PAGLIA: Oh, yes.

COWEN: And 100 percent because of you.

PAGLIA: We should tell them that The Faerie Queene is quite forgotten now, but it had enormous impact, Spenser’s Faerie Queene, on Shakespeare, and on the Romantic poets, and so on, and so forth. The Faerie Queene had been taught in this very moralistic way. But in my chapter, I showed that it was entirely a work of pornography, equal to the Marquis de Sade.

COWEN: The cover image is Queen Nefertiti in the Neues Museum in Berlin. Recently in the news, we’ve seen that someone has scanned the bust.

PAGLIA: Oh, that’s awesome.

COWEN: And it will soon be possible using 3-D printers to print out your own ‘copy’ of Nefertiti. How do you feel about this?

PAGLIA: To me, archaeology is one of my master tropes. What can I say? “The Bust of Nefertiti,” discovered in 1912, and it’s amazing. We’ve known it for like a century. It’s extraordinary, isn’t it, how it’s become such a symbol of art.

I should say that the push of countries like Greece and Egypt to recover their masterpieces from where they were taken and scattered around the world, I think with what’s been happening with ISIS, and the demolition of Palmyra and all kinds of things that have happened, my attitude now is keep Nefertiti in Berlin, please. Don’t send it back to Cairo.

COWEN: Of all the aesthetic judgments in your writings, and you’ve covered a lot of ground, but are there any where you really fundamentally regret an earlier judgment and have revised it? Not in a marginal way, which happens all the time, but really just thought, “Well, I was wrong about that?”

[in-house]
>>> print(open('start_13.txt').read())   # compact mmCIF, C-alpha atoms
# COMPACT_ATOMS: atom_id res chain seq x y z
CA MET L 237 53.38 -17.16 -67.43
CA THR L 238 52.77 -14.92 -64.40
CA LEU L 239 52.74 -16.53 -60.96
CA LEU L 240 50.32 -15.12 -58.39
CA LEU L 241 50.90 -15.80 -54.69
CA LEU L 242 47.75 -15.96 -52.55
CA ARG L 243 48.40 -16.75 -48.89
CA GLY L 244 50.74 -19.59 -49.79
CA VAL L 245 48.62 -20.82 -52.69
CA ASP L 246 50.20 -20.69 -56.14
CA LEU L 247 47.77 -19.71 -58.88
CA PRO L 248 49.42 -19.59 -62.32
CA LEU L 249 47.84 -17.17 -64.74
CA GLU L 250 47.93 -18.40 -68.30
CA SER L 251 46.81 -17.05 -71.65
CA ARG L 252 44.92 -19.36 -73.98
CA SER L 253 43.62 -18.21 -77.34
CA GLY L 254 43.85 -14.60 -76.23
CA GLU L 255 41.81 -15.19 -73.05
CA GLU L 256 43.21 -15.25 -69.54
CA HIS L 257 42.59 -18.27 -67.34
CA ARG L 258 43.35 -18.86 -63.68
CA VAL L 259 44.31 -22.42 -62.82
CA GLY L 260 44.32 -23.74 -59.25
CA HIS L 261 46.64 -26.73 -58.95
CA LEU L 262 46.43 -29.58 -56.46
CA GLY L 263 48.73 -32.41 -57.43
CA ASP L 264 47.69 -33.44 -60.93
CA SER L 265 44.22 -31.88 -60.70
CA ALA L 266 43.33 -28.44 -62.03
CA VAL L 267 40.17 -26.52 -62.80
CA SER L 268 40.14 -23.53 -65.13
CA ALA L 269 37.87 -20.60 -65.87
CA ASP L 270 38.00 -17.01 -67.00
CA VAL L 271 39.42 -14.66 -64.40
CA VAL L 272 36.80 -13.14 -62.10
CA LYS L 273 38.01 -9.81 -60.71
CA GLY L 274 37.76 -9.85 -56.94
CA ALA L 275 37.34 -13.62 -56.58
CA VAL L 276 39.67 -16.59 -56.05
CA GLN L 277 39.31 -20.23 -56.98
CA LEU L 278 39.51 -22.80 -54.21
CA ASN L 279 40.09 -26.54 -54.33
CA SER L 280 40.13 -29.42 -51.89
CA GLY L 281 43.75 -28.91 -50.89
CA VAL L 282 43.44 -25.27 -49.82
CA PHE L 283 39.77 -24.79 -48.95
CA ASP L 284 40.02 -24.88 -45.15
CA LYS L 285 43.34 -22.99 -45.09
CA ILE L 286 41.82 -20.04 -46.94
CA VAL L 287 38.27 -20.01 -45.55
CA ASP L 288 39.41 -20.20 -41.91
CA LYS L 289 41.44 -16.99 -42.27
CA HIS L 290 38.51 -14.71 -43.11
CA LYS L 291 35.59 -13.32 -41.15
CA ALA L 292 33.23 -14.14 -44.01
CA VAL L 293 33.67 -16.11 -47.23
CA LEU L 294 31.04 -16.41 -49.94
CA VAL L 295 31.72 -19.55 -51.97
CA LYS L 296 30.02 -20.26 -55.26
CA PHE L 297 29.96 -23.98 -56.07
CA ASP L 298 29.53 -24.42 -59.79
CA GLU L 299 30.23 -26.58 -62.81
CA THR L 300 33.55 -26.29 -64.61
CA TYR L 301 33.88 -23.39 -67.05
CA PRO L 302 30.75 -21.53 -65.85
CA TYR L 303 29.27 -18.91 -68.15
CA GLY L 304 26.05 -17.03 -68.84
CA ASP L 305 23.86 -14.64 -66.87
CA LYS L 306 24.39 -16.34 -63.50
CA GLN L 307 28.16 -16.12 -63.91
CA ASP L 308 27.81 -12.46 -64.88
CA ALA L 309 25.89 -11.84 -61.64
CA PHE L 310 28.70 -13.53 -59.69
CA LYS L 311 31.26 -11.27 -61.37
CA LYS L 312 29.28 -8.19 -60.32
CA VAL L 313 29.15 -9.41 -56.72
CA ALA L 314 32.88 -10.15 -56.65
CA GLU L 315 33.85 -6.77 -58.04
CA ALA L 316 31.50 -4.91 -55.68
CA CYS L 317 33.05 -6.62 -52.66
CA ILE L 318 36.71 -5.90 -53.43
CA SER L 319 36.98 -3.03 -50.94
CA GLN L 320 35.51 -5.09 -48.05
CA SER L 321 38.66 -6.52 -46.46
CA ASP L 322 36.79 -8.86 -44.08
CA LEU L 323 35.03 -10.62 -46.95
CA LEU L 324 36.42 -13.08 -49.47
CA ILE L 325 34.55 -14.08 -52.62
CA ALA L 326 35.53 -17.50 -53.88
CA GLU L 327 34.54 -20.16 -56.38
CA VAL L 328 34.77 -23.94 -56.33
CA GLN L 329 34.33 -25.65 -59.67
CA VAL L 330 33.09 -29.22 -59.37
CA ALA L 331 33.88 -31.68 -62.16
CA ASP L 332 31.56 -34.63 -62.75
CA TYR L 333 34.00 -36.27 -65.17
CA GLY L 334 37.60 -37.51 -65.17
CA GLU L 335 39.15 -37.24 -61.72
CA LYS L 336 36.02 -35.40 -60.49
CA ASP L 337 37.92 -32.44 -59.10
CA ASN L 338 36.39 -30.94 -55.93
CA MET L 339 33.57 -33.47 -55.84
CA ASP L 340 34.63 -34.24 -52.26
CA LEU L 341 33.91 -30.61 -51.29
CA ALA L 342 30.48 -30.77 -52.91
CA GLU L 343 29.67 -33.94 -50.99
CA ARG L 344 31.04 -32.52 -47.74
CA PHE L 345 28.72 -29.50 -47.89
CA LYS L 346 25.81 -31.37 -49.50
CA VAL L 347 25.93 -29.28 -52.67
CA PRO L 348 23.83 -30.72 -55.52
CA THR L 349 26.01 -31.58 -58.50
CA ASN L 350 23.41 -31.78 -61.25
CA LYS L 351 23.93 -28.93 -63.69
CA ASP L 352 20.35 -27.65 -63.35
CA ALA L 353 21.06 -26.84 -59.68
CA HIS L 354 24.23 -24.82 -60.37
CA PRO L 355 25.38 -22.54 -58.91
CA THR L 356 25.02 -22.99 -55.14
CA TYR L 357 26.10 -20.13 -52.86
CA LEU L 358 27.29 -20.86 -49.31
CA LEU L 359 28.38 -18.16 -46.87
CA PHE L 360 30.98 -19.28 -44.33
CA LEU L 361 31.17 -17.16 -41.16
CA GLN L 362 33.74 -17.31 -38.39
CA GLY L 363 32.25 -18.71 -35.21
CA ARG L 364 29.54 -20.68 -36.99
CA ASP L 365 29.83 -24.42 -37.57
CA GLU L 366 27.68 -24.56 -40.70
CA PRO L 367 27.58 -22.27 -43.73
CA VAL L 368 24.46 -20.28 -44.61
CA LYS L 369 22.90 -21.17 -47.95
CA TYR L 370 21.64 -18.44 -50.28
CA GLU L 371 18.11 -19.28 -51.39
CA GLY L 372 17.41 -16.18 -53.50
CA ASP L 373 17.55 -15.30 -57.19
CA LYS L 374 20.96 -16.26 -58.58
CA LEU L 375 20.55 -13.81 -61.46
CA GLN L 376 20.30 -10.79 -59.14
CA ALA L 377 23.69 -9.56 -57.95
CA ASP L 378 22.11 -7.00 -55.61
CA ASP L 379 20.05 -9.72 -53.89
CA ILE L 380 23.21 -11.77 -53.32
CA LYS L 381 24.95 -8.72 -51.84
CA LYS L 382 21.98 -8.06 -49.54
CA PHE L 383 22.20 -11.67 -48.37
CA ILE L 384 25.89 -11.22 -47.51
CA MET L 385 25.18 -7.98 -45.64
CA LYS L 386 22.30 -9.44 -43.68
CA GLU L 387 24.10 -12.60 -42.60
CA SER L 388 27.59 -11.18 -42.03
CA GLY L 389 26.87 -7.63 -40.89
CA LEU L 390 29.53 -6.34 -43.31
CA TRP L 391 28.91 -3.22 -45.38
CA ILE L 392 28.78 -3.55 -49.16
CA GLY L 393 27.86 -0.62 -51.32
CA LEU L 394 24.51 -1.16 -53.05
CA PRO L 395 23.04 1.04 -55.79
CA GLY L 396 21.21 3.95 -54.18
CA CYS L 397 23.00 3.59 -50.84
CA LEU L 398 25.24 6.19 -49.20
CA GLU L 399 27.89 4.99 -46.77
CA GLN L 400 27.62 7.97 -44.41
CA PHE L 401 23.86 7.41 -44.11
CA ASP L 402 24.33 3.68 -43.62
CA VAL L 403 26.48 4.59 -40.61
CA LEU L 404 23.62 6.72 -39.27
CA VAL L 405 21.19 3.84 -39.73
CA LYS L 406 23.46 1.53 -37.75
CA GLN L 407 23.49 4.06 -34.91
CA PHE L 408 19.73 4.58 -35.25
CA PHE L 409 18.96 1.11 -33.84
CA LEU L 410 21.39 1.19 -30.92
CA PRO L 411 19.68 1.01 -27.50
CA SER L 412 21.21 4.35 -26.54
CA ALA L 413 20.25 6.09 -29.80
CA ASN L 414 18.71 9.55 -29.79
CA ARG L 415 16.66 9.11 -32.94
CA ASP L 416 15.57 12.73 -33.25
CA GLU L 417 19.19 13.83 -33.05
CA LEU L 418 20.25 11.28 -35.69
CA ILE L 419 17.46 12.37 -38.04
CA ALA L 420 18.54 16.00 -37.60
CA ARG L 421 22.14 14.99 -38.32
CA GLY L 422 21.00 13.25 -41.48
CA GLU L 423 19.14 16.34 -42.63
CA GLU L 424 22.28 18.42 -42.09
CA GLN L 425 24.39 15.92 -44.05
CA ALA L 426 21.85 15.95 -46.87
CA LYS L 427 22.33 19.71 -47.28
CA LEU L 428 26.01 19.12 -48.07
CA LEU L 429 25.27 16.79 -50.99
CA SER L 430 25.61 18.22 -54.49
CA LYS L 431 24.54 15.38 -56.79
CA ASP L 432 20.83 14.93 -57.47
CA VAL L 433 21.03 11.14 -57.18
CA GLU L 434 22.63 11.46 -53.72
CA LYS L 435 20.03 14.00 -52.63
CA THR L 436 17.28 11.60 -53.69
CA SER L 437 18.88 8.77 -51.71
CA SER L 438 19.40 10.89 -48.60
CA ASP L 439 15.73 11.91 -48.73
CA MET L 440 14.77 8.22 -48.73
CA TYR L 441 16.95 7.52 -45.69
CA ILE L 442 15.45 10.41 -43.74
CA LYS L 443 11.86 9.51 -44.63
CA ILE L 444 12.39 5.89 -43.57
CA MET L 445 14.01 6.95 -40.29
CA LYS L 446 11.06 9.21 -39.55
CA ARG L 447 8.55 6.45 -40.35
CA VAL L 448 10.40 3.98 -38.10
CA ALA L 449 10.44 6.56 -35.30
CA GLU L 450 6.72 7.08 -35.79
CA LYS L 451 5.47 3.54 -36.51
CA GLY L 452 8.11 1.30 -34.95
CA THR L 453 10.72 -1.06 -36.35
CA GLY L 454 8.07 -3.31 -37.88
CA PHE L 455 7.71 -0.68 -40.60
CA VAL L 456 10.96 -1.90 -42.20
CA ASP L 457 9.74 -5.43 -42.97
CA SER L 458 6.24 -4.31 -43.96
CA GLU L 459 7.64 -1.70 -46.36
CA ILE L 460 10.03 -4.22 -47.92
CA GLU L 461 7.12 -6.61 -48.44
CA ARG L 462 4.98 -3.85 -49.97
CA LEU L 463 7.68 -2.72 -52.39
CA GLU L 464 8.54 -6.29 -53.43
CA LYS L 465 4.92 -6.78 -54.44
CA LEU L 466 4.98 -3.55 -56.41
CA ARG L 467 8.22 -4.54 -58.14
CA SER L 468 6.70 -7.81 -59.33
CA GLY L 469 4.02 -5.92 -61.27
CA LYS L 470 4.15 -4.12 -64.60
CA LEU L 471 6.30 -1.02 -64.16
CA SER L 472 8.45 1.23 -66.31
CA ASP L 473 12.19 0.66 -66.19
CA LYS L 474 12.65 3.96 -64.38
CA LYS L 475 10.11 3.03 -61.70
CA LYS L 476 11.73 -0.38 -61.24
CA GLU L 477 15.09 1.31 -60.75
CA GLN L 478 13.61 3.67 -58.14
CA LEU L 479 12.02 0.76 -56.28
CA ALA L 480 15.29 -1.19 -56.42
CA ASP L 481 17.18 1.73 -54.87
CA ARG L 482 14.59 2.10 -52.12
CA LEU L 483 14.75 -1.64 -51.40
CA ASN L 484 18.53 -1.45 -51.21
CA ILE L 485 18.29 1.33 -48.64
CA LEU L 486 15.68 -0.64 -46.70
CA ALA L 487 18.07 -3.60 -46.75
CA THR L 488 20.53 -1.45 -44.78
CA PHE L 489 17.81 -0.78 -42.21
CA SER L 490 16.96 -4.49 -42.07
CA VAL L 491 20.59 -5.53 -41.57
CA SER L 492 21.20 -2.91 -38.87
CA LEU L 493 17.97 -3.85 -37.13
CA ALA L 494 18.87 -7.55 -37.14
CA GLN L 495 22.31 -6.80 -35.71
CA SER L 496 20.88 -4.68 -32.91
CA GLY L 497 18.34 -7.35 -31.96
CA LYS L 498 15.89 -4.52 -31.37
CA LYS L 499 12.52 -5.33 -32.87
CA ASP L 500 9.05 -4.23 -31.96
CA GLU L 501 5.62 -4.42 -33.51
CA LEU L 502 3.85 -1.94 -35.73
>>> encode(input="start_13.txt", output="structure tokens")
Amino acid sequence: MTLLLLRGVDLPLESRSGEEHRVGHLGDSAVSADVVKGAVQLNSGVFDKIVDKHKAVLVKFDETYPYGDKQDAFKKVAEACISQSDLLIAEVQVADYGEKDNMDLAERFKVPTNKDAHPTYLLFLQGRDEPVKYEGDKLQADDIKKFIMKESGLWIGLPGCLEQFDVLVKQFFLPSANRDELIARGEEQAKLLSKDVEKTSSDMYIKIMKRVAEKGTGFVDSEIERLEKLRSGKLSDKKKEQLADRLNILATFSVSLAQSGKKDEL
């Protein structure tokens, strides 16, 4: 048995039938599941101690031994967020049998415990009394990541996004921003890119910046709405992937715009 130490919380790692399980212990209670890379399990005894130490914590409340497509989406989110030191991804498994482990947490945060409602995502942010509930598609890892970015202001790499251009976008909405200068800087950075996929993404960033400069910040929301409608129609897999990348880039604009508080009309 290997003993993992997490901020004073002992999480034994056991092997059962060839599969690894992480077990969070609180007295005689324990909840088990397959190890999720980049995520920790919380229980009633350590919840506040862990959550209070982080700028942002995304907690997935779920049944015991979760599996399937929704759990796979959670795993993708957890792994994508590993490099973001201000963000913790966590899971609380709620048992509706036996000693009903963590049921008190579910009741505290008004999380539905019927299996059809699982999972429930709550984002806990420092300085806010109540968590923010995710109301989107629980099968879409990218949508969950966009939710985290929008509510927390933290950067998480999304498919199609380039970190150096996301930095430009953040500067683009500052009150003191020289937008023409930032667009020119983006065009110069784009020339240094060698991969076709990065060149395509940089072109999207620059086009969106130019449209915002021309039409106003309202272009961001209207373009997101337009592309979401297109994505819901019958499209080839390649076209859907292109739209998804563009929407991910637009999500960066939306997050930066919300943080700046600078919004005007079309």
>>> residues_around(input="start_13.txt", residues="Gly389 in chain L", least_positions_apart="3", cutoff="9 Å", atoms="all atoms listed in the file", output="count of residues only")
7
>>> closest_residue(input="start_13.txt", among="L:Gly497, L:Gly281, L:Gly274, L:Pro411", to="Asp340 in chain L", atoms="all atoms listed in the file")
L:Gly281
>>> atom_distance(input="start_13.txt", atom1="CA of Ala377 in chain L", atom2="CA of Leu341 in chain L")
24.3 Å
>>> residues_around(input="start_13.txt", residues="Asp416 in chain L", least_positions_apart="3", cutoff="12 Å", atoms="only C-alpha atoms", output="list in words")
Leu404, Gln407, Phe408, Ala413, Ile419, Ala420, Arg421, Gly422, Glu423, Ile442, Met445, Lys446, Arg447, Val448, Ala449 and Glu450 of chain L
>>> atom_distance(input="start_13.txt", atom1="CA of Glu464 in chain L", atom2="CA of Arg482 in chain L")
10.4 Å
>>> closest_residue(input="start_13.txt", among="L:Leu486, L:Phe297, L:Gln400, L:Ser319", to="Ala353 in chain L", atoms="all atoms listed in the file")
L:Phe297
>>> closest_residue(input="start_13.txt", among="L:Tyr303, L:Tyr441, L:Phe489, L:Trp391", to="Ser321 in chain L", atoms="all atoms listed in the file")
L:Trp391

PAGLIA: Interesting. My early work, I’d worked on for so long that it was like I had plenty of time for second thoughts and third thoughts, and hundredth thoughts, so no. I can’t think of anything offhand. Can I get back to you about that?

COWEN: Sure. If you could travel to one place you haven’t been, where would it be and why?

PAGLIA: I’m like Huysmans’s aesthete, des Esseintes. I am not a great fan of traveling. I just feel like it’s become too onerous. No, I’m a mind traveler.

COWEN: What is your unrealized dream in life?

PAGLIA: My unrealized dream, to meet Catherine Deneuve. But I met her once. I ran into her, smack ran into her once on 5th Avenue in front of Saks. I know this is kind of bizarre.

COWEN: It’s a realized dream?

PAGLIA: Yes, but it was odd. I pursued her into the glove department and forced her to sign my ticket envelope for the Fillmore East, where I was seeing Jefferson Airplane. To have a conversation with Catherine Deneuve, shall we say. A civilized conversation.

COWEN: On that topic, one of your books, The Birds, about the Alfred Hitchcock movie – a great book, one of my favourite movies. Going back to that time, if you had the opportunity to date either Suzanne Pleshette or Tippi Hedren -- .

PAGLIA: I don’t date. I’m just a mad nun.

COWEN: Hypothetically.

PAGLIA: Dating is so banal.

COWEN: Tea with Suzanne Pleshette or Tippi Hedren.